Asia-US West Coast prices jumped 71% to $1,725/CNTR. This rate is 89% lower than the same time last year.
Asia-US East Coast prices climbed 16% to $2,510/CNTR and are 85% lower than rates for this week last year.
Asia-N. Europe prices fell 1% to $1,410/CNTR and are 88% lower than rates for this week last year.
This week’s most important non-rate-related ocean update is the significant progress in ILWU – PMA negotiations announced late last week, followed by a key meeting Monday aimed at resolving manning issues and leaving wages and benefits as the next areas to hammer out.
Meanwhile, transpacific ocean rates climbed sharply last week on mid-month GRIs, especially to the West Coast, with daily rates so far this week indicating that the increases have succeeded for now. Asia – US West Coast prices climbed 71% to $1,725/FEU, 12% higher than 2019, while rates to the East Coast increased 16% to about $2,500/CNTR, just below the 2019 mark.
Carriers are trying to make sure the GRIs stick – and then some – by reducing capacity and announcing additional GRIs for early May, including rate increases on Asia – Europe lanes as well.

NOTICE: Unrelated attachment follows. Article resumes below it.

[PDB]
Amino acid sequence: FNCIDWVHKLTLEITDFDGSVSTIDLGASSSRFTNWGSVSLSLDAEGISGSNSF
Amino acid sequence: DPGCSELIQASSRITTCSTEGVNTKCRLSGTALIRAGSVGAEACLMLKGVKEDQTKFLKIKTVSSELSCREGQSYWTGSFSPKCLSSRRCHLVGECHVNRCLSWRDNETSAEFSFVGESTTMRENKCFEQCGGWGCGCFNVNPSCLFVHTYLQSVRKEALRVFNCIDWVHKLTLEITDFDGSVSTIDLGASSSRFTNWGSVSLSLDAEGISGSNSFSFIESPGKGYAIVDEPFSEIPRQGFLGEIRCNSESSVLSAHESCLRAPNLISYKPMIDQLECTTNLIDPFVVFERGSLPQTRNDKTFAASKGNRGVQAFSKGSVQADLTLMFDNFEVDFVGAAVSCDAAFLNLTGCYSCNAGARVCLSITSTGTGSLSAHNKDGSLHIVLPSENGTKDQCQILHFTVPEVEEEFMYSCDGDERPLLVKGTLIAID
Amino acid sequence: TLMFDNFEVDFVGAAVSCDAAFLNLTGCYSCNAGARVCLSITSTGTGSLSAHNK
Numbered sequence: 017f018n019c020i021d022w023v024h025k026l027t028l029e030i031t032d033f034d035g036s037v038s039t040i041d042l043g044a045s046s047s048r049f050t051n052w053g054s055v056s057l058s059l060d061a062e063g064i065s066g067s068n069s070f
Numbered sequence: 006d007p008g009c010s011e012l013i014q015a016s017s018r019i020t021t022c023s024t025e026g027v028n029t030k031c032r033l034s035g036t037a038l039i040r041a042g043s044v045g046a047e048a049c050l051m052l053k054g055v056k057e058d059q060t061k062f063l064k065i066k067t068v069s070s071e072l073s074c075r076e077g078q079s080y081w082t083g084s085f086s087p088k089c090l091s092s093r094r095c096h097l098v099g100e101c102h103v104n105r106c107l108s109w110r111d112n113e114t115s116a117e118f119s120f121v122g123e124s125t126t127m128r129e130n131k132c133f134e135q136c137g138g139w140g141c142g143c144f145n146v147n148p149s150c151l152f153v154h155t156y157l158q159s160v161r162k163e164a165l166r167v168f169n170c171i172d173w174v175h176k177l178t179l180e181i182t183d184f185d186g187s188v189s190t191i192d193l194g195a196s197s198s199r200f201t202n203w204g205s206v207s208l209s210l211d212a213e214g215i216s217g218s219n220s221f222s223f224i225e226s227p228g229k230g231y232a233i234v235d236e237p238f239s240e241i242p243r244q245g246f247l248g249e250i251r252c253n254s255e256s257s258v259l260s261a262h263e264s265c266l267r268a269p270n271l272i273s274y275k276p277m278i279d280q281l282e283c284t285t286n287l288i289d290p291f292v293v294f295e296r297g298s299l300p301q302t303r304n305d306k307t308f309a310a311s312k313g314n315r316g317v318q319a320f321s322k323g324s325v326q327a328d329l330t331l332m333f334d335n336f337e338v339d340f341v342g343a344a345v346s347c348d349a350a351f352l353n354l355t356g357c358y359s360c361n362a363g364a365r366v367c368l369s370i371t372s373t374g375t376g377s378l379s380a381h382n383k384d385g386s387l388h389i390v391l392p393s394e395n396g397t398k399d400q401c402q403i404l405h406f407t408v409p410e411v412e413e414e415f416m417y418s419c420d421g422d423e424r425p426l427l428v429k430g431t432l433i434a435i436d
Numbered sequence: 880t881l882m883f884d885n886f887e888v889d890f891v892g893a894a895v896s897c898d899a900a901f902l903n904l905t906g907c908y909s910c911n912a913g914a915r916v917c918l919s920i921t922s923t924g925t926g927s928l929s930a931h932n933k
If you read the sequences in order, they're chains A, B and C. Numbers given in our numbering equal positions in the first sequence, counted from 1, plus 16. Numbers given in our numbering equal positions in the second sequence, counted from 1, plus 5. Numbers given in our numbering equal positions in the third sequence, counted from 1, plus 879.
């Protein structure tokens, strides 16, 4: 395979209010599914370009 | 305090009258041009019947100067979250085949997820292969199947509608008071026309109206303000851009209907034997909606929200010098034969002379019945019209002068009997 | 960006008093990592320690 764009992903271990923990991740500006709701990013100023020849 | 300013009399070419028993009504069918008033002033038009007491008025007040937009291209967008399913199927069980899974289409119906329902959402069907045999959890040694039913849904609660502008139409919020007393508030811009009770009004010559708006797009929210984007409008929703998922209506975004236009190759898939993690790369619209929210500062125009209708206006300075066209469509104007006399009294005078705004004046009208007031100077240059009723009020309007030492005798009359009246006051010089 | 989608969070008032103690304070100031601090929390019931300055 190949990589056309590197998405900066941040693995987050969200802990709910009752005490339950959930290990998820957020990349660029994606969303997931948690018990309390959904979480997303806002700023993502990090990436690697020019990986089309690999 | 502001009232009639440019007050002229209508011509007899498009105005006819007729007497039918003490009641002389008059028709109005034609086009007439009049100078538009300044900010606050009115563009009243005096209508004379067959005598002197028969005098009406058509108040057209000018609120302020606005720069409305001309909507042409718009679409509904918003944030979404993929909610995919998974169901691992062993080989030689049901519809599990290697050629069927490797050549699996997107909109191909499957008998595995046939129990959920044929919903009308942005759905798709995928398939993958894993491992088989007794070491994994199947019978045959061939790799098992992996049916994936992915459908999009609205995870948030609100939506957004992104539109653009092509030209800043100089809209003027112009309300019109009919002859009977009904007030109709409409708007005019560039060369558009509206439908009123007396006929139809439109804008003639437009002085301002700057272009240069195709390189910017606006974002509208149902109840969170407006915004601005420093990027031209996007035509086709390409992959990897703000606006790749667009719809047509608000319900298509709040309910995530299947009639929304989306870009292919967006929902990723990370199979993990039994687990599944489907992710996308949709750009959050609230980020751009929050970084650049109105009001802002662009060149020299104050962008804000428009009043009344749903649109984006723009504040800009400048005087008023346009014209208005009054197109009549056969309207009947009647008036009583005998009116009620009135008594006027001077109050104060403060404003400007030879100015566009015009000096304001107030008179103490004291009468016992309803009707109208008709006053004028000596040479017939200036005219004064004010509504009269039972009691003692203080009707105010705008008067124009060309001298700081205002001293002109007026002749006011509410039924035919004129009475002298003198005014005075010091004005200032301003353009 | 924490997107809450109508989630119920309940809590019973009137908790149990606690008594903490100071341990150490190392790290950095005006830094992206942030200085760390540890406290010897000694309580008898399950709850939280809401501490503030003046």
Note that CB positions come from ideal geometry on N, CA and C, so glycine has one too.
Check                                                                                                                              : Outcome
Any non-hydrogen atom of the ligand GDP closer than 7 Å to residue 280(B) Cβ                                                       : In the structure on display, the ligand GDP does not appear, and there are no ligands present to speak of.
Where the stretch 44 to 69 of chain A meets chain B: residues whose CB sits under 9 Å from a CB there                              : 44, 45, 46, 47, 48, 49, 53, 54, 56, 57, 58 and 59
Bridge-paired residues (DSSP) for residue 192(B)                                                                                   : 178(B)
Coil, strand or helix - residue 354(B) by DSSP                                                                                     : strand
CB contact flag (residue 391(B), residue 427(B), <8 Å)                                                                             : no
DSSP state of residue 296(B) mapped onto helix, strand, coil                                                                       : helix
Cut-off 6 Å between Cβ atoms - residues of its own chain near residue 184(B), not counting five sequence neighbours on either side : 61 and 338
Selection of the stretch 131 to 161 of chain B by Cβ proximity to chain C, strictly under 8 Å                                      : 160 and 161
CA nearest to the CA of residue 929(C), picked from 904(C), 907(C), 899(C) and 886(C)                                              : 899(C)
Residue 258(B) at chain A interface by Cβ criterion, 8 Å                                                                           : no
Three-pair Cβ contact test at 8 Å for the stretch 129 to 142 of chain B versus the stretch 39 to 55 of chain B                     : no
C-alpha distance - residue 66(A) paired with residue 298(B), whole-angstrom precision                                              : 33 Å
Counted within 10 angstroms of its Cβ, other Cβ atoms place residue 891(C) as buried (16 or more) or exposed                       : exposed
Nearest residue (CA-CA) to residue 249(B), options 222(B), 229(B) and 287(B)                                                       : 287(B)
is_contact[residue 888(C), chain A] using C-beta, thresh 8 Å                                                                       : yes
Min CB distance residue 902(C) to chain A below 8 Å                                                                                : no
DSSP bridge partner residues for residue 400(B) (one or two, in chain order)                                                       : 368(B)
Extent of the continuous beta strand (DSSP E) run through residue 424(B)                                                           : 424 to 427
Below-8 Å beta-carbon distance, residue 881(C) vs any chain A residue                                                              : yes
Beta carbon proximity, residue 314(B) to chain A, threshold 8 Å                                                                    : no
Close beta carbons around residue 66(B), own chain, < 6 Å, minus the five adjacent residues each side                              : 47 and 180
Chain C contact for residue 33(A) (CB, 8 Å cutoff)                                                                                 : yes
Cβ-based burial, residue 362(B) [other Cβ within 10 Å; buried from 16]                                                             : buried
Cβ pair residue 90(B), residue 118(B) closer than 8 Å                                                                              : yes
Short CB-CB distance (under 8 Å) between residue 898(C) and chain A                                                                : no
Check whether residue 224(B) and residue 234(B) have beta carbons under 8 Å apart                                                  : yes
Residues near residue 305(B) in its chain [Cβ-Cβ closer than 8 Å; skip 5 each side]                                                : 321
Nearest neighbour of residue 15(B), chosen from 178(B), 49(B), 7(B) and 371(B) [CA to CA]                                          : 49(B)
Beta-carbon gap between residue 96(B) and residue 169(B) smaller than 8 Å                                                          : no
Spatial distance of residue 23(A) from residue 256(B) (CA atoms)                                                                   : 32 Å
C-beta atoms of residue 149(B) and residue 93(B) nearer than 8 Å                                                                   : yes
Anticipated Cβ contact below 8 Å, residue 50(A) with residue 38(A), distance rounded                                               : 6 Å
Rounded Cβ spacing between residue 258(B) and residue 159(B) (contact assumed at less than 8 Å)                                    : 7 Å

In addition to blanking sailings and suspending services, carriers are also sailing vessels at record low speeds as a way to reduce available capacity. So far, though, this slow down – happening alongside the disappearance of port congestion – does not appear to be increasing transit times, as Freightos marketplace data shows China – US average transit times have fallen 13% so far in April compared to last month and are on par with 2020.
But even with current rate levels and these steps to reduce supply, there is skepticism that additional increases in May will succeed given reports that some carriers are already deferring their May GRIs to mid-month.
On the transatlantic, ocean rates have fallen more than 40% since the start of the year and more than 60% since their peak last summer as volumes continued to decline in March. Prices are now on par with 2021 levels but are still an outlier for US import rates, remaining 60% higher than in 2019.
Recent analysis suggests that changes to air fleets and capacity in the coming years may impact transatlantic air cargo differently than other lanes, too. Increases in freighter capacity and passenger travel are expected to push air cargo rates down on most lanes, though a trend toward new narrowbody passenger planes on the transatlantic may actually reduce capacity levels.
Courtesy of : Freightos